To use models developed primarily from the LSS cohort for the estimation of lifetime risks for the U.S. population, it was necessary to make several assumptions that involve uncertainty. Two important sources of uncertainty are (1) the possible reduction in risk for exposure at low doses and dose rates (i.e., the DDREF) and (2) the use of risk estimates based on Japanese atomic bomb survivors for estimating risks for the U.S. population.

The committee has developed and presented its best possible risk estimates for exposure to low-dose, low-LET radiation in human subjects. As an example, Table ES-1 shows the estimated number of incident cancer cases and deaths that would be expected to result if each individual in a population of 100,000 persons with an age distribution similar to that of the entire U.S. population was exposed to a single dose of 0.1 Gy, and also shows the numbers that would be expected in the absence of exposure. Results for solid cancers are based on linear models and reduced by a DDREF of 1.5. Results for leukemia are based on a linear-quadratic model.

The estimates are accompanied by 95% subjective confidence intervals (i.e., random as well as judgmental) that reflect the most important sources of uncertainty—namely, statistical variation, uncertainty in the factor used to adjust risk estimates for exposure at low doses and dose rates, and uncertainty in the method of transport. In this report the committee also presents example estimates for each of several specific cancer sites and other exposure scenarios, although they are not shown here.

In general the magnitude of estimated risks for total cancer mortality or leukemia has not changed greatly from estimates in past reports such as BEIR V and recent reports of the United Nations Scientific Committee on the Effects of Atomic Radiation and the International Commission on Radiological Protection. New data and analyses have reduced sampling uncertainty, but uncertainties related to estimating risk for exposure at low doses and dose rates and to transporting risks from Japanese A-bomb survivors to the U.S. population remain large. Uncertainties in estimating risks of site-specific cancers are especially large.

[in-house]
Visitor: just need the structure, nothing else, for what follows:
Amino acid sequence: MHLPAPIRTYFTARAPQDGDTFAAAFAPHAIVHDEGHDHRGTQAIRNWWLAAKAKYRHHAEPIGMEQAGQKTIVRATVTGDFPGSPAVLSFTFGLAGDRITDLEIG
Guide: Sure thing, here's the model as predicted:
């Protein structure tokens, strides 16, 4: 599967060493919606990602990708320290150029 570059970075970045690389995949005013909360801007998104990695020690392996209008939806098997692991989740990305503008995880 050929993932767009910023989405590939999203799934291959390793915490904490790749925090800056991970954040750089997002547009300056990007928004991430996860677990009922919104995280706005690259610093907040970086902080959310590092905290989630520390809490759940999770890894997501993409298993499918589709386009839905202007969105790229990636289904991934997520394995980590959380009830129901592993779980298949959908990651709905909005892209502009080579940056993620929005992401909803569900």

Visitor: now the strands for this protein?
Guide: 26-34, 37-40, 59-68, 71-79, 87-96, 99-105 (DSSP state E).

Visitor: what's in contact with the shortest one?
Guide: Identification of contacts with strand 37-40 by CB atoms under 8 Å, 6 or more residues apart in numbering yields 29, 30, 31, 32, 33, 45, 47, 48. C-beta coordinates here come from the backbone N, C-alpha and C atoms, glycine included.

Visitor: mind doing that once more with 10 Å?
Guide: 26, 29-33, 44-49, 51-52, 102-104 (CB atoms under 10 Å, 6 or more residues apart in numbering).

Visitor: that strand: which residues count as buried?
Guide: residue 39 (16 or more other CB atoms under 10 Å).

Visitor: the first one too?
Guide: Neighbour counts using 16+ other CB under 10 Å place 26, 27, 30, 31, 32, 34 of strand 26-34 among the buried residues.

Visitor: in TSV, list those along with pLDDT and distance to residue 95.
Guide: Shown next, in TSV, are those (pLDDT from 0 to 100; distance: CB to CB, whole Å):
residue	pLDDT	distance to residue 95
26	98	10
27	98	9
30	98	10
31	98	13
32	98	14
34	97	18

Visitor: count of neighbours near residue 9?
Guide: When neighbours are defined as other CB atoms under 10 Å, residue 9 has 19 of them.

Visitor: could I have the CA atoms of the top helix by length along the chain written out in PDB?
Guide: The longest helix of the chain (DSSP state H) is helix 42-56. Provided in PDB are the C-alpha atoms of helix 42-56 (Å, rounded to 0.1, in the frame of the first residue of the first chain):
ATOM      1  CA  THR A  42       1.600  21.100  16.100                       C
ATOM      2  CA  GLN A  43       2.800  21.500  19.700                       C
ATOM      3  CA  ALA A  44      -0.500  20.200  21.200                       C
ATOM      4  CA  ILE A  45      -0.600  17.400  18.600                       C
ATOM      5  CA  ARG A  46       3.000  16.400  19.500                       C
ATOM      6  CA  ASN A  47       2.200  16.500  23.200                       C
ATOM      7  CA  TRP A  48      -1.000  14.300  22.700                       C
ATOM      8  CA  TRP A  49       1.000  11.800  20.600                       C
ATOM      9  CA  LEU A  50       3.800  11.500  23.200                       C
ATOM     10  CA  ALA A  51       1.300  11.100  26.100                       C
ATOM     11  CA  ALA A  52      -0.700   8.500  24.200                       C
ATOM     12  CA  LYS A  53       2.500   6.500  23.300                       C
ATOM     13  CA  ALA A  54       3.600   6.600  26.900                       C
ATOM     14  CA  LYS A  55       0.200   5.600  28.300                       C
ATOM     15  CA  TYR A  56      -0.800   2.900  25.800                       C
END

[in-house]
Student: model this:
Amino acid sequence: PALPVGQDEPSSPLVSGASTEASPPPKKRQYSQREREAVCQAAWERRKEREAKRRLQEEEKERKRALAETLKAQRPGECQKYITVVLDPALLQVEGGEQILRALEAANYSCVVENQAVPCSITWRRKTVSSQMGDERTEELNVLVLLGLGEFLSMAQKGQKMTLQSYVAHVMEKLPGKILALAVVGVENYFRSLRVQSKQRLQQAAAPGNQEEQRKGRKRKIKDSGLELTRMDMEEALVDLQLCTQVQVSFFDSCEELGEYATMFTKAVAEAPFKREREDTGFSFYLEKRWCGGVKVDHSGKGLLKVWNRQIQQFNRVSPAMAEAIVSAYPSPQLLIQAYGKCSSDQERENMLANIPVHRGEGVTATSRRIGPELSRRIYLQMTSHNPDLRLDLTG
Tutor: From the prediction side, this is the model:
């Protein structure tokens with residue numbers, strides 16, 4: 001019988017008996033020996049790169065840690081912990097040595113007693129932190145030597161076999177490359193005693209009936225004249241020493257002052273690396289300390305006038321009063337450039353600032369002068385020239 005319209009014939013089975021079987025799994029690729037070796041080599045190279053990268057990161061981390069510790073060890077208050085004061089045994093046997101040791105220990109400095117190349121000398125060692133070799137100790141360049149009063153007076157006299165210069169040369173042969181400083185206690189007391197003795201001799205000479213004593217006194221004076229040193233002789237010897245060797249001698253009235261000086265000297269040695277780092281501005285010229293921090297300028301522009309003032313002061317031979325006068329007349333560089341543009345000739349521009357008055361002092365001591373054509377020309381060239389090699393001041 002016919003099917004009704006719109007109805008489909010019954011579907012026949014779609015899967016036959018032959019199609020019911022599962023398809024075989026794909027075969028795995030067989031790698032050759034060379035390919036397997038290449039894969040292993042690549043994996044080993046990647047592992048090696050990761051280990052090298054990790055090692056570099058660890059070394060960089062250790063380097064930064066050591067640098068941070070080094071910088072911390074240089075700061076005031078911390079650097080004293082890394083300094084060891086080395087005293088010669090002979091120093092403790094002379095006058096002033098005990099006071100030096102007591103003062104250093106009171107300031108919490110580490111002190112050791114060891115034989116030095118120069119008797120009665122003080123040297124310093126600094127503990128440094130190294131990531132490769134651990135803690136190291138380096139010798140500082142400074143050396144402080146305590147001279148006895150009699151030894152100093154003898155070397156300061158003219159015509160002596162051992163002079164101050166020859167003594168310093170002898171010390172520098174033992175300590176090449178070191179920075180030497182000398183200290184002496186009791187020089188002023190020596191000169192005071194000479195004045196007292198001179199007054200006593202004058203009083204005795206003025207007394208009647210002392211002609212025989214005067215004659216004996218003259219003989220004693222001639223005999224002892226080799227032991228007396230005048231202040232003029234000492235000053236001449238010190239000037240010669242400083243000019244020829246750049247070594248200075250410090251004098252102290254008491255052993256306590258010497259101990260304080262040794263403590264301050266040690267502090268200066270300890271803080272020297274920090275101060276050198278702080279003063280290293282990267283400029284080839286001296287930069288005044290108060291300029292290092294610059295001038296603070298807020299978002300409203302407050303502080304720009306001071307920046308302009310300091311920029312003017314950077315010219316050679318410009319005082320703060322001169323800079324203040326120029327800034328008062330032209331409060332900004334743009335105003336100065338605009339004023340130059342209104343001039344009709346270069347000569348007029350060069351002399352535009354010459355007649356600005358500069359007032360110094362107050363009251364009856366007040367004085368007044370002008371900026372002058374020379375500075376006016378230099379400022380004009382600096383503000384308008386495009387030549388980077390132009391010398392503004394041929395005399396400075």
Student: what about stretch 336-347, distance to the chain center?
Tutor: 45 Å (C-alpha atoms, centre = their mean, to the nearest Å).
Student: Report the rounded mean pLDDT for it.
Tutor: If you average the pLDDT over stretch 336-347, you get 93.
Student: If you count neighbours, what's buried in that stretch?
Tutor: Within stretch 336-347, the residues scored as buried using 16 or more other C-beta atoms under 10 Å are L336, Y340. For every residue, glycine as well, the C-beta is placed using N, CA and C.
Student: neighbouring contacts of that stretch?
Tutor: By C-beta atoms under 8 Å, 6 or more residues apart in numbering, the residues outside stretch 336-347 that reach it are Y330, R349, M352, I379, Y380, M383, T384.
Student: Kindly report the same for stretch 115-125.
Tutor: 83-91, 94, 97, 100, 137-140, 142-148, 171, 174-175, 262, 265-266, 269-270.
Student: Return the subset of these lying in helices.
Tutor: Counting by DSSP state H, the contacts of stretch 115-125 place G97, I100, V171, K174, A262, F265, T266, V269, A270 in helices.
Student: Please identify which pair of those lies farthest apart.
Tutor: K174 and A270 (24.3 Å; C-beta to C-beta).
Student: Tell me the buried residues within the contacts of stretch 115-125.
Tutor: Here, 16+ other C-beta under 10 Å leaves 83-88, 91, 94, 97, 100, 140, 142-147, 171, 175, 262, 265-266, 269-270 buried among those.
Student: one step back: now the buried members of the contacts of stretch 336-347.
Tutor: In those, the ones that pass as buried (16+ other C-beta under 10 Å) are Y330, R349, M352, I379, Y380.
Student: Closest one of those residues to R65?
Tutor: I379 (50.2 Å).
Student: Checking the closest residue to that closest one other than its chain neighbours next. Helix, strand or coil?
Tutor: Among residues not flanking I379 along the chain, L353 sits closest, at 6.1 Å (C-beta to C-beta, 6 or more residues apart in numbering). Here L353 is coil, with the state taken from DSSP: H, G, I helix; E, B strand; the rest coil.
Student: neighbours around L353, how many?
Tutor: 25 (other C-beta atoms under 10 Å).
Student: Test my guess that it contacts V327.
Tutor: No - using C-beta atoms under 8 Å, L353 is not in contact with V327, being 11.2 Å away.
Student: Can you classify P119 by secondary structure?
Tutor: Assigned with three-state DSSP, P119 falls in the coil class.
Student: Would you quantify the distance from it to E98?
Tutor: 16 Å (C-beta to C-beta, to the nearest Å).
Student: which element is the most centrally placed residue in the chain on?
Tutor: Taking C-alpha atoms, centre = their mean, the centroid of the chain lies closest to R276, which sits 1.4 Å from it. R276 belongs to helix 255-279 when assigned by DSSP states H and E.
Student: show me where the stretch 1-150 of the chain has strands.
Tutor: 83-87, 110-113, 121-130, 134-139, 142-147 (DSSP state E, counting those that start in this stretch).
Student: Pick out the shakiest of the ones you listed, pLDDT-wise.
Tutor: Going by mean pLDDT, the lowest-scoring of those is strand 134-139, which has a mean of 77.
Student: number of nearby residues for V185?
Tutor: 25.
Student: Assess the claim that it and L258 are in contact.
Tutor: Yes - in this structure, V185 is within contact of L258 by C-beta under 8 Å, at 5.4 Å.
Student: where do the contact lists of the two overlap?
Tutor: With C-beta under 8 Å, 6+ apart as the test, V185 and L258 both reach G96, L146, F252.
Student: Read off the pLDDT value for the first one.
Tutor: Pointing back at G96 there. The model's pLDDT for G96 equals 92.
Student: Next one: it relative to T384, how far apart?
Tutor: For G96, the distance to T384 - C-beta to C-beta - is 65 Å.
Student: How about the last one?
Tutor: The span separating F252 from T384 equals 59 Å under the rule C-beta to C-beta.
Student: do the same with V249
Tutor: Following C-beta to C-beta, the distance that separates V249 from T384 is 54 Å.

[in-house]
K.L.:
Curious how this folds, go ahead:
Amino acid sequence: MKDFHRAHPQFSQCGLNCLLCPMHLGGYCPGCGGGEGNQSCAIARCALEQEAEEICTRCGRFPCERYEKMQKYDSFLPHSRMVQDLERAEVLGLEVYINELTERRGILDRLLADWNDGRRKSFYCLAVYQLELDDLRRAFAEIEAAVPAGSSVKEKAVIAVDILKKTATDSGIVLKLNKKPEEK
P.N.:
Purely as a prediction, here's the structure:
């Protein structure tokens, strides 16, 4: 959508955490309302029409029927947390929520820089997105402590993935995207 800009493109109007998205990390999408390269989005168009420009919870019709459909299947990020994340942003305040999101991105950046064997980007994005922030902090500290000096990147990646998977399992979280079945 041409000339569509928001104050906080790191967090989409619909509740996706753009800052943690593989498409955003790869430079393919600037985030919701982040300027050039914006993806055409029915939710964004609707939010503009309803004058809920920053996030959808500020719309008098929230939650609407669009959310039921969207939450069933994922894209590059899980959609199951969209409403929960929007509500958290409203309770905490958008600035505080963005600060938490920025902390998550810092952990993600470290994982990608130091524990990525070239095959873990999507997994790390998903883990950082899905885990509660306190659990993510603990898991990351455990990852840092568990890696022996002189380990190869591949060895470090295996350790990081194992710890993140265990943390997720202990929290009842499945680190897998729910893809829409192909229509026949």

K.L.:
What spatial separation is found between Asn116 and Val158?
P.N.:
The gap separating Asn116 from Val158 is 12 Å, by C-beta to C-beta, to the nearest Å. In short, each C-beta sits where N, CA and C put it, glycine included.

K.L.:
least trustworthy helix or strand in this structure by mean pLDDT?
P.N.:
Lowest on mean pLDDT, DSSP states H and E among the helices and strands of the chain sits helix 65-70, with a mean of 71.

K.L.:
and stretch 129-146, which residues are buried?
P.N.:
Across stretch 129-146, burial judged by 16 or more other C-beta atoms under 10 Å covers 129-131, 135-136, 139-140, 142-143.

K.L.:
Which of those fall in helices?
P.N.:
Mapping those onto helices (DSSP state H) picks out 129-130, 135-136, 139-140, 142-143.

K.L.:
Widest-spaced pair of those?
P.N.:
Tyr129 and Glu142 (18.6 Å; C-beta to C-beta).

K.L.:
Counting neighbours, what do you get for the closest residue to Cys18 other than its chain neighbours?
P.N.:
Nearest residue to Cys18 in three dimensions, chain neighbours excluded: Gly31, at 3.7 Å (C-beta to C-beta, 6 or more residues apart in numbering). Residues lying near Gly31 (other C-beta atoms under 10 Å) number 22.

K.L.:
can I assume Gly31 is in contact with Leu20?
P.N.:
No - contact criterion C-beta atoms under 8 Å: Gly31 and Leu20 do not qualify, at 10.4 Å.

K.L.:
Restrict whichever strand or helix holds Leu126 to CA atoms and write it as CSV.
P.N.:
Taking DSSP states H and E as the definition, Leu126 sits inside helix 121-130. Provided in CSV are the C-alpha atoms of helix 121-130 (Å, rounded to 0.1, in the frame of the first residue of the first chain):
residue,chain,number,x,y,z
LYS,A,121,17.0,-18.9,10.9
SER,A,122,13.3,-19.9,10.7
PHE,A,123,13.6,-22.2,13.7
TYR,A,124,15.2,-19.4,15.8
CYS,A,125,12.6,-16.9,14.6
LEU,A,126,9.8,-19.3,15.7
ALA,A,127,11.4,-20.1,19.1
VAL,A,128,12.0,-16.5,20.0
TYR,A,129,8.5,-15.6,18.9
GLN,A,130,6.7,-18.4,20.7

As an illustration, Figure ES-1 shows estimated excess relative risks of solid cancer versus dose (averaged over sex and standardized to represent individuals exposed at age 30 who have attained age 60) for atomic bomb survivors, with doses in each of 10 dose intervals less than 2.0 Sv. The figure in the insert represents the ERR versus dose for leukemia. This plot conveys the overall dose-response relationship for the LSS cohort and its role in low-dose risk estimation. It is important to note that the difference between the linear and linear-quadratic models in the low-dose ranges is small relative to the error bars; therefore, the difference between these models is small relative to the uncertainty in the risk estimates produced from them. For solid cancer incidence the linear-quadratic model did not offer a statistically significant improvement in fit, so the linear model was used. For leukemia, a linear-quadratic model (insert in Figure ES-1) was used since it fitted the data significantly better than the linear model.


The committee concludes that current scientific evidence is consistent with the hypothesis that there is a linear, no-threshold dose-response relationship between exposure to ionizing radiation and the development of cancer in humans.


A more detailed listing of the BEIR VII recommended research needs can be found at the end of Chapter 13.

Research Need 1: Determination of the level of various molecular markers of DNA damage as a function of low-dose ionizing radiation

Currently identified molecular markers of DNA damage and other biomarkers that can be identified in the future should be used to quantify low levels of DNA damage and to identify the chemical nature and repair characteristics of the damage to the DNA molecule.

TABLE ES-1 The Committee’s Preferred Estimates of the Lifetime Attributable Risk of Incidence and Mortality for All Solid Cancers and for Leukemia


All Solid

Cancers Leukemia





Excess cases (including nonfatal cases) from exposure to 0.1 Gy

800 (400, 1600)

1300 (690, 2500)

100 (30, 300)

70 (20, 250)

Number of cases in the absence of exposure





Excess deaths from exposure to 0.1 Gy

410 (200, 830)

610 (300, 1200)

70 (20, 220)

50 (10, 190)

Number of deaths in the absence of exposure





NOTE: Number of cases or deaths per 100,000 exposed persons.

a95% subjective confidence intervals.

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